Gravy runs in a space provided by Adam Cramer’s garage in Fishtown. Adam Cramer restores vintage motorcycles and I had the chance to talk with him for a few minutes about his work. I’ve been thinking of getting a motorcycle and if I do, I think I’d be very happy to purchase one from him.
Etsy featured him in a fantastic short you can see on YouTube: “Handmade Portraits: Liberty Vintage Motorcycles”:
You can read more about his company on its home page: Liberty Vintage
You can read more about the Etsy piece on him on their blog
Recent happenings with Six Apart and the momentum behind WordPress convinced me to migrate paradox1x.org.
I used to migrate this blog every few months to a new platform during blogging’s early period; Userland Frontier, EditThisPage, Userland Radio, Nuke, PostNuke, GreyMatter, and eventually MovableType. I’ve had plenty of experience with Drupal, Blogger, and WordPress on other projects over the years and I’ve gone the build-it-your-self route a few times too.
In the end, this blog is primarily an outlet for my writing. And WordPress, like MovableType, just works, not exciting technologically I know, but that’s what is important for this space here.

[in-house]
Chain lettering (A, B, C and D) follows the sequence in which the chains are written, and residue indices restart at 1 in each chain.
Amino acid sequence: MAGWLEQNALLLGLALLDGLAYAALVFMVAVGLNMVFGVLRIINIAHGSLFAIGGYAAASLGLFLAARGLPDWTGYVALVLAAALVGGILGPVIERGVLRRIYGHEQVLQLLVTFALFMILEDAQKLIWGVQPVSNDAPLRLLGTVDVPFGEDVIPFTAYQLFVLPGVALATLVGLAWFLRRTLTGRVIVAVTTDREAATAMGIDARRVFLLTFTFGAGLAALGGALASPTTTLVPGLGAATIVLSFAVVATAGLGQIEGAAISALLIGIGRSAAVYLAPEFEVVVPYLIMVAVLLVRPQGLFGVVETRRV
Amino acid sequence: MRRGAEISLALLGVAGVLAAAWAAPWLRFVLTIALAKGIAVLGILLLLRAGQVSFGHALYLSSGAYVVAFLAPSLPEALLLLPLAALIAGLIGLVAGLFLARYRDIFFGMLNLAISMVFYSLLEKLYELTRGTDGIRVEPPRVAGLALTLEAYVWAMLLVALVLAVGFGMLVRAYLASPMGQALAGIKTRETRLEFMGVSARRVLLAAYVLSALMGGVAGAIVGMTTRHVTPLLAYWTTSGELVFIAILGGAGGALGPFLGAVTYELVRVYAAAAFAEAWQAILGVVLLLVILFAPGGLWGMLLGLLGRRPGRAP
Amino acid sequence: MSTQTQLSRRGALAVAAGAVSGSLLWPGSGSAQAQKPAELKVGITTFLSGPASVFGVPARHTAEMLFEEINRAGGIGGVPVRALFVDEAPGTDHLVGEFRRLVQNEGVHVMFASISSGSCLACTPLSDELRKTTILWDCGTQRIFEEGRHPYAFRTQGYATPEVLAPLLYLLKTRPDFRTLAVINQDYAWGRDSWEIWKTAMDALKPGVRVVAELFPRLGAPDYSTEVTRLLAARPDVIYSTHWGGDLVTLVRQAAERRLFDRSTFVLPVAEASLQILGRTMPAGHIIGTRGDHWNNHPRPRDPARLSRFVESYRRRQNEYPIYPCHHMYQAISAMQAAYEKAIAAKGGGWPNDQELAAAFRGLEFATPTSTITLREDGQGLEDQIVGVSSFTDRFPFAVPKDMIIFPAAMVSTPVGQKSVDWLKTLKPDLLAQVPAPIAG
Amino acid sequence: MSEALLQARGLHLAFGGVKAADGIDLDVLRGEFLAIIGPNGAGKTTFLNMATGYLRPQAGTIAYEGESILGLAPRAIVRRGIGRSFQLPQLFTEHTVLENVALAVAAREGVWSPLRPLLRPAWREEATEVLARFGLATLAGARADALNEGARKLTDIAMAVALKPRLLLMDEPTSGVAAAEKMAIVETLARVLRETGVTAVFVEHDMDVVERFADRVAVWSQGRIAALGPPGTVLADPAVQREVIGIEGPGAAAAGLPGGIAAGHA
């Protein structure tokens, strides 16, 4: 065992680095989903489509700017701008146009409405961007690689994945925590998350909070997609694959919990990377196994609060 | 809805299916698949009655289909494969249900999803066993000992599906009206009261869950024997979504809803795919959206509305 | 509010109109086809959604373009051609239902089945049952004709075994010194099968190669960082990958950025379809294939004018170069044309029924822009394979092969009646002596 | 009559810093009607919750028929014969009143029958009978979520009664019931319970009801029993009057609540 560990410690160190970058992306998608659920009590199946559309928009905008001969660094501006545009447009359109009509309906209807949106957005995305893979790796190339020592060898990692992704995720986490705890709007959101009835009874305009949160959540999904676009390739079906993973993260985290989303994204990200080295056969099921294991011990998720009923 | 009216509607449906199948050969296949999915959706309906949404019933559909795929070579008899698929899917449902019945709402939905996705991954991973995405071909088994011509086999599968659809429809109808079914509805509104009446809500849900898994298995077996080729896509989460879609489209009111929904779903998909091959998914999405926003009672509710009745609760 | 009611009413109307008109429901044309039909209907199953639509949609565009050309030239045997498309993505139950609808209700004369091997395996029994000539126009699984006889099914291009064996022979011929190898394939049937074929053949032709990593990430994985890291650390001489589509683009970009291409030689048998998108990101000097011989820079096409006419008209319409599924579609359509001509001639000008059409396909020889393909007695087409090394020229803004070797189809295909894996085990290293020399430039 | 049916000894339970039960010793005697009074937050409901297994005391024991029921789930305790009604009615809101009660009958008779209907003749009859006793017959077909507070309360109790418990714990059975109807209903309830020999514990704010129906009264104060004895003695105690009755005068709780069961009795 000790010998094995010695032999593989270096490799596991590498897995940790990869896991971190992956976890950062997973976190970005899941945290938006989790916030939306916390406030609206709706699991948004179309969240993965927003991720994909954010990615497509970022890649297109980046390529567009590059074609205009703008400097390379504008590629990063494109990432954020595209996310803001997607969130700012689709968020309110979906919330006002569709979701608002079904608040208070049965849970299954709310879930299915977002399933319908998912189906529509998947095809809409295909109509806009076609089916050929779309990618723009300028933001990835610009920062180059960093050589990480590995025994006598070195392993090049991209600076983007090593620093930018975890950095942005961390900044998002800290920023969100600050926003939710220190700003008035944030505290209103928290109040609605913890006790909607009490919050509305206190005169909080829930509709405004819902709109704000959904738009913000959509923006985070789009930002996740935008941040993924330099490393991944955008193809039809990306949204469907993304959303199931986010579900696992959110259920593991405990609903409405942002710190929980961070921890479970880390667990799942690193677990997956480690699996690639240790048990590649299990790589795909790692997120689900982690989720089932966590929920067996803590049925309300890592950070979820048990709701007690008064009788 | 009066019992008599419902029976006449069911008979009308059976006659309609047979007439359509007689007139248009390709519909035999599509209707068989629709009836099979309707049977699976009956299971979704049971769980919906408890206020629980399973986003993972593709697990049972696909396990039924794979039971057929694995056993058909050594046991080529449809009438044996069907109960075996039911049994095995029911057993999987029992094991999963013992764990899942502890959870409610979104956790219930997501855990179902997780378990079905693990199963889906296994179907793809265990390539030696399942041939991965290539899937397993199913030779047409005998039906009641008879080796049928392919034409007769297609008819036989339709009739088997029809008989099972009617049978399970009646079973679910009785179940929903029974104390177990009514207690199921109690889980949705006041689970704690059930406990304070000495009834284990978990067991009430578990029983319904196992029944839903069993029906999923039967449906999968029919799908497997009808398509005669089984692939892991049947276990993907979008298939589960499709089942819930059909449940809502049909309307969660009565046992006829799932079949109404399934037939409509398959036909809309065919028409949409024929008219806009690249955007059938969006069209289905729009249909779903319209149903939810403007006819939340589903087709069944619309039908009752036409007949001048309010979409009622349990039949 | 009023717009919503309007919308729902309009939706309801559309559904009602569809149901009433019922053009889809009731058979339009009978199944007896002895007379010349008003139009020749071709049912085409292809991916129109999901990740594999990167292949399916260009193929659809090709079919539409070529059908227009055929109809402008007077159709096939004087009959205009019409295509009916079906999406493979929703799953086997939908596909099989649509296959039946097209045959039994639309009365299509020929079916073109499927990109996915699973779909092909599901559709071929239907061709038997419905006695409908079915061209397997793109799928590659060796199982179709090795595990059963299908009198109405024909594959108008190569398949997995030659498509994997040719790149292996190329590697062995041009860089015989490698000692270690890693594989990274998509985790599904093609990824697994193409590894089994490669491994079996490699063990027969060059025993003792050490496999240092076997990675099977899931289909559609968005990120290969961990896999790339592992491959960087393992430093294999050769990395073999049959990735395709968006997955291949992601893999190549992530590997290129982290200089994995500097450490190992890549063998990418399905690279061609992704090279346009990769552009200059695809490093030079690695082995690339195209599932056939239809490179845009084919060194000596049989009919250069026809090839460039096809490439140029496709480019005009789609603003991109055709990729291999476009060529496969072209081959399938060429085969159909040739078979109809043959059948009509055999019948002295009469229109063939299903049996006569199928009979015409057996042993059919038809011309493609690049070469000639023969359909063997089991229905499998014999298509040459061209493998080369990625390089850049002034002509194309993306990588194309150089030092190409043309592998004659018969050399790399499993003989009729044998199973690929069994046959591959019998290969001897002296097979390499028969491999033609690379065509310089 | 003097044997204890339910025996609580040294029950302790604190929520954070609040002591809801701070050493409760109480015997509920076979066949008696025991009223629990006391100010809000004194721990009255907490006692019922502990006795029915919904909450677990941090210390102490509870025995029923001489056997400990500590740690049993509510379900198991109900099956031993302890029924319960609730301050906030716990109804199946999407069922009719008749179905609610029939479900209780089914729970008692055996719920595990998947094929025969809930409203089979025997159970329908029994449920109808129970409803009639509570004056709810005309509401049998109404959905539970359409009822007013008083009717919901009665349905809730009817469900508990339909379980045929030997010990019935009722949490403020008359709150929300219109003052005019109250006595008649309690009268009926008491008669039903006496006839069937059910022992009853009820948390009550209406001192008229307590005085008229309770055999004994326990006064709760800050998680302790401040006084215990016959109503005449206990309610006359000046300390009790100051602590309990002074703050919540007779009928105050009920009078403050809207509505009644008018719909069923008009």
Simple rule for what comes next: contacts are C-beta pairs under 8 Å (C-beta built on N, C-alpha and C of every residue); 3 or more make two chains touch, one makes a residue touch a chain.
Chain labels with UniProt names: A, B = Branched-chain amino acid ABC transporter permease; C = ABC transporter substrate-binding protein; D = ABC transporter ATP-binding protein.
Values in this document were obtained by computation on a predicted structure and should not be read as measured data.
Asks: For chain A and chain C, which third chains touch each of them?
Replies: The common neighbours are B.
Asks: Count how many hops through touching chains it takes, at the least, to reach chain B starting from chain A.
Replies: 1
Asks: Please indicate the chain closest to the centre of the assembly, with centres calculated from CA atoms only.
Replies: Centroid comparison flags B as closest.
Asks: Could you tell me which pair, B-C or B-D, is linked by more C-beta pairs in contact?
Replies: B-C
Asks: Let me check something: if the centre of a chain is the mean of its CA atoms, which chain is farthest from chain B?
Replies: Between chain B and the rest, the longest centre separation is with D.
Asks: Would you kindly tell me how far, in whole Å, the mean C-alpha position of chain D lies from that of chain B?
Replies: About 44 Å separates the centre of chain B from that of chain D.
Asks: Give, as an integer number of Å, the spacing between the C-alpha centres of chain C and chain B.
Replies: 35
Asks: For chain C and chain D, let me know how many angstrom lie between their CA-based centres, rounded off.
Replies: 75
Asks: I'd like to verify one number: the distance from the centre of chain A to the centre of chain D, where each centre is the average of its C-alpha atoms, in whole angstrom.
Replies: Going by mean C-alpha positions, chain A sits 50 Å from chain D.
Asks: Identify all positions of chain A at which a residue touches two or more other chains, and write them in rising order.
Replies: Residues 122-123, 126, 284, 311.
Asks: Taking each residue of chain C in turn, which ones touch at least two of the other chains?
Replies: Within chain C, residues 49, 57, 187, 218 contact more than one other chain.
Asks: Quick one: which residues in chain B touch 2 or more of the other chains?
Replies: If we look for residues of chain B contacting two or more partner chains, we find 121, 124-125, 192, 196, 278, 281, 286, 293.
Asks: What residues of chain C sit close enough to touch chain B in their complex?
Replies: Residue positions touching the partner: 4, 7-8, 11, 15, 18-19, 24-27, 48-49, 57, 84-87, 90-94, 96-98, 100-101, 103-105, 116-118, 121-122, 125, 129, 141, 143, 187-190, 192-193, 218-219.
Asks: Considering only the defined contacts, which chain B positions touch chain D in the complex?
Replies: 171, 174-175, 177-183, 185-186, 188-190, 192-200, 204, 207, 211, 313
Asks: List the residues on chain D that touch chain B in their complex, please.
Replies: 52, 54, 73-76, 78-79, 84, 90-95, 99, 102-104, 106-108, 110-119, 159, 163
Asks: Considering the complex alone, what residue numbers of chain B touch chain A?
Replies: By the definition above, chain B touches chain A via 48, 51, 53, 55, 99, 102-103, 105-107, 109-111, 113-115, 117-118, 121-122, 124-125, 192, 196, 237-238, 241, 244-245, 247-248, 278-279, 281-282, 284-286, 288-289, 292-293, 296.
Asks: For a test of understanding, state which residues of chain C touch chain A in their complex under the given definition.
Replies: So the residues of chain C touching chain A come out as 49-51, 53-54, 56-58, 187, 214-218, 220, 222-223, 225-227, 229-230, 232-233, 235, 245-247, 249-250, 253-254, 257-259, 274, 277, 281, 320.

3164 posts and 3592 comments, 21 pages later, here we are. Thank you Movable Type and Six Apart for a long run. Movable Type was never as bad a some made it, nor was it the bees knees. It got the job done and the community that was a round it was instrumental in blogging’s history. Thank you. Now on with WordPress.
Let me know about any flakiness. I am trying to determine the optimal comment toolset (Disqus is an option) so there will be some issues, I’m sure, to work out.
Broke my own rule with that last post. I’m working on a presentation on something where I’m working not to do that.
Well no. Not really. But so far so good. A few more adjustments to make.blo
Happy 35th sweetie. I feel so blessed that you were born, that we became part of each other’s life. Emma, feels the same – you’re the best mommy a daughter can have
…a study by Paul van Schaik at the University of Teesside, UK, has found that the golden ratio does not benefit all designs. Websites with golden proportions can be harder to extract information from, he says.
Van Schaik put 98 students into five groups and asked them all to answer questions using information on five separate websites. He recorded the time it took participants to answer each question, together with the number of web pages they looked at to do so.
All the sites had a navigation bar with links to other sections of the site on the left of the page and a frame for content on the right, but the sizes of these two sections differed for each group. The pages of one group were divided according to the golden ratio, while the websites of the other four groups gave over less space to the navigation bar.
Those in the golden group answered the questions slowest, taking an average of 15.8 seconds to answer each question – 3.5 seconds longer than the fastest group. The golden ratio group also took 2 seconds longer than the next slowest group and had to visit more pages to find the information required.
“It has been suggested since antiquity that the ratio is aesthetically pleasing,” says Van Schaik. “But we found that not only is it not liked in web pages, it is also less efficient in terms of accuracy and speed.”